The Orient means the East. It is a traditional designation for anything that belongs to the Eastern world or the Middle East (aka Near East) or the Far East, in relation to Europe. In English, it is largely a metonym for, and coterminous with, the Continent of Asia.
Calling a Mexican a Spaniard is like calling somebody from the US "English" or "British". Rather than being insulted, I think people are just going to be puzzled over where you've been for the last 250 years.

Either, both, maybe neither (it probably depends on the crowd). Regardless of whether it's insulting, it's incorrect.
--
Grant



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On Mon, 29 Sep 2014 21:41:56 +0000 (UTC), "Danny D."

I hear that about over engineering stuff. When I was getting ready to pour the floor for my shop I calculated the concrete thickness for the various machines and then though about what happens if I move a machine and then what happens if I buy a heavier machine or one with a smaller footprint and so on. Then I realized how pointless this was in my situation, So I had the concrete poured to 7 inch minimum thickness, had fiber put in the concrete, and I put rebar and wire mesh in place before the pour. It's a good thing too because I later bought a lathe that covers 10 square feet with the base and sits on 4 9 square inch pads and weighs 8000 lbs. Eric
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On 09/29/2014 6:42 PM, snipped-for-privacy@whidbey.com wrote: ...

8k/4/(9^2) --> 56 psi
Not much load, really.
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On 9/29/2014 7:42 PM, snipped-for-privacy@whidbey.com wrote:

Sounds like my elementary school lunch room monitor woman. We used to call her Bubbles.
. Christopher A. Young Learn about Jesus www.lds.org .
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G. Ross wrote, on Mon, 29 Sep 2014 20:38:51 -0400:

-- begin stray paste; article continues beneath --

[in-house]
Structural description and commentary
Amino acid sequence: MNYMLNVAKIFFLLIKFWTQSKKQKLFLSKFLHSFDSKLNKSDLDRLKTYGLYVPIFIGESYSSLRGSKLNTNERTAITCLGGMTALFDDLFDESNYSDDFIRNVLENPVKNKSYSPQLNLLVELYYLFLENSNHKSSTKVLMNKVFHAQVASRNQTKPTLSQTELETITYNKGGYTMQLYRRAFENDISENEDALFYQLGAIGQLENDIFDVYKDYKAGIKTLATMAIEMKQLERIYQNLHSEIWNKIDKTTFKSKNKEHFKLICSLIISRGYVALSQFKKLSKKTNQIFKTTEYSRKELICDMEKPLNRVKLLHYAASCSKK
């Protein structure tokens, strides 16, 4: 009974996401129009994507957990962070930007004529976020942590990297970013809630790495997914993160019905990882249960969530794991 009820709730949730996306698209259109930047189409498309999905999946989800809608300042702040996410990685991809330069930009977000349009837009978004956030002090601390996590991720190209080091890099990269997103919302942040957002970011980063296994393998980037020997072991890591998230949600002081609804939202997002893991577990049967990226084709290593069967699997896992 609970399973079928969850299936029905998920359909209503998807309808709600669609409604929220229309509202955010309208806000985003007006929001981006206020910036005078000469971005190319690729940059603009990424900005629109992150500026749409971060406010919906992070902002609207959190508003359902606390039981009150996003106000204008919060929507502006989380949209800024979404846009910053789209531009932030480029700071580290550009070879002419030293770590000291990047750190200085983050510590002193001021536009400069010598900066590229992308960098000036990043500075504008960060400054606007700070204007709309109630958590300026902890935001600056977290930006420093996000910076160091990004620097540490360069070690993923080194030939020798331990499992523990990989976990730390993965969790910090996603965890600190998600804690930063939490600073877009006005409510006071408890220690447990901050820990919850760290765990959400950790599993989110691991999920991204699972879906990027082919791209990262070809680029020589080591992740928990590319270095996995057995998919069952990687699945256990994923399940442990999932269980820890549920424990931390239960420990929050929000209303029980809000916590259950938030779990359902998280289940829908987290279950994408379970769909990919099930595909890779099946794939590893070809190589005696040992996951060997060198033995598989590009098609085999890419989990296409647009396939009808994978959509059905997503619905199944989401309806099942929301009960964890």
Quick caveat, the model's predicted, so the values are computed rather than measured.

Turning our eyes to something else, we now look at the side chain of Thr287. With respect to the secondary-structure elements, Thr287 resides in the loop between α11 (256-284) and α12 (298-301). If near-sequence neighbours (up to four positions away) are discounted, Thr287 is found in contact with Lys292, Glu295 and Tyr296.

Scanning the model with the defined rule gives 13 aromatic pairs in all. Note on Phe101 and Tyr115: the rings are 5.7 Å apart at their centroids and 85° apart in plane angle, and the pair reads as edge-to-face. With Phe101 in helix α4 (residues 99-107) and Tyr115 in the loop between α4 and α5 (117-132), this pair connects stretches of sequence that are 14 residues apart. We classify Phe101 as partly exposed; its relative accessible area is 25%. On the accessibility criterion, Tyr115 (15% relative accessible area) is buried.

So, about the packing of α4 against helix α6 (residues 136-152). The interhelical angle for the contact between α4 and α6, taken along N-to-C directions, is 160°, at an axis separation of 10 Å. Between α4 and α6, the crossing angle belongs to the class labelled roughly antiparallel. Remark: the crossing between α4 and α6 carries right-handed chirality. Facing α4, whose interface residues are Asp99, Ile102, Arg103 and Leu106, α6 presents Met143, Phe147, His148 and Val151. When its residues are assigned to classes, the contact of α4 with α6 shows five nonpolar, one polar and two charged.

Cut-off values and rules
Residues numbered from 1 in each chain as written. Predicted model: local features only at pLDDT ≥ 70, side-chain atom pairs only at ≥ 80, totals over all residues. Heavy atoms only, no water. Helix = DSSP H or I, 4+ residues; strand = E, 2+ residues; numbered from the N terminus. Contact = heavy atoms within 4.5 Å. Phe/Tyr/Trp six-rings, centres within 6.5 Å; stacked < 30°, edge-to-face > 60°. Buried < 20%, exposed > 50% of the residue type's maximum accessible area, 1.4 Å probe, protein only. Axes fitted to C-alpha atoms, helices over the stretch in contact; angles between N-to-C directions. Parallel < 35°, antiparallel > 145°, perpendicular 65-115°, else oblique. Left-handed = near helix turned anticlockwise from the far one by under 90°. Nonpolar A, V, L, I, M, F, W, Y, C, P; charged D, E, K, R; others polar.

Good point, but, this *is* the Silicon Valley environ ...
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"Danny D." wrote:

---------------------------------------------- In days of yore I worked as a design engineer for heavy duty steel mill and foundry equipment, but that was then and this is now.
For designs involving steel cable and human safety, the basic safety factor applied was 5.
IOW, 14,000/5 = 2,800 pounds as the basic design limit.
Dynamic loading would apply another 50% derate.
IOW, 2,800*50% = 1,400 pounds for dynamic loads.
Based on the posts I have seen, your group needs some serious help before people get hurt or worse.
Lew Hodgett, PE Retired
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Lew Hodgett wrote, on Mon, 29 Sep 2014 18:29:57 -0700:

Times two cables, which is 5,600 pounds, at least. :)
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On 09/29/2014, 8:37 PM, Danny D. wrote:

My last comments - this is not looking so good..
Bending a cable around a support weakens the cable - there is a formula for that:
http://unirope.com/products/slings/wire-rope-slings/rigging-guidelines/dd-ratio-and-the-effect-on-sling-capacity/
So that derates the cable strength from 10% to 60% depending on the curve. Note too that they are using wooden standoff/chocks to hold the wire, I hope they chamfered a notch - but in any case the load is not consistent on the tree, rather it is concentrated on only a few of those wooden chocks. This is a derating aspect too.
Looking at picture:
https://c3.staticflickr.com/3/2944/15188634078_2b3de04150_c.jpg
It looks like the cable does a bit of a sharp bend where it leaves the standoff...this is potentially a real problem - kinks are possible. The pinching of the cable at the clamps also derates the cable strength...
Wire Rope is certainly varied in structure. However I do keep seeing the 1:5 load factor (1/5 of rating) in various Wire Rope 101 pamphlets...
It does appear that the folks selling wire rope are only too happy to advise in its use - your friends would be advised to show them the proposal for comment before they put too much weight on these wire ropes.
John
--
(Please post followups or tech inquiries to the newsgroup)
John's Jukes Ltd. 2343 Main St., Vancouver, BC, Canada V5T 3C9
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wrote:

You better check it. Wind loads can exceed the dead loads by many times. Wind loads may be the real issue.
?-)
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That's generally considered offensive, racist, and ignorant.

Perhaps they have better manners.
--
Grant Edwards grant.b.edwards Yow! This PORCUPINE knows
at his ZIPCODE ... And he has
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"Danny D." wrote:

----------------------------------------------
"Lew Hodgett" wrote:

----------------------------------------------------- What I forgot to include was that the above design loads are for tensile loads.
Bending loads require a further derate.
The reader is left to determine the value from any decent structural engineering text.
And now you know one of the reasons why I'm retired.
Lew Hodgett, PE Retired
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On 9/30/2014 8:37 PM, Lew Hodgett wrote:

Sounds like not much fort, at derate we're going.
--
.
Christopher A. Young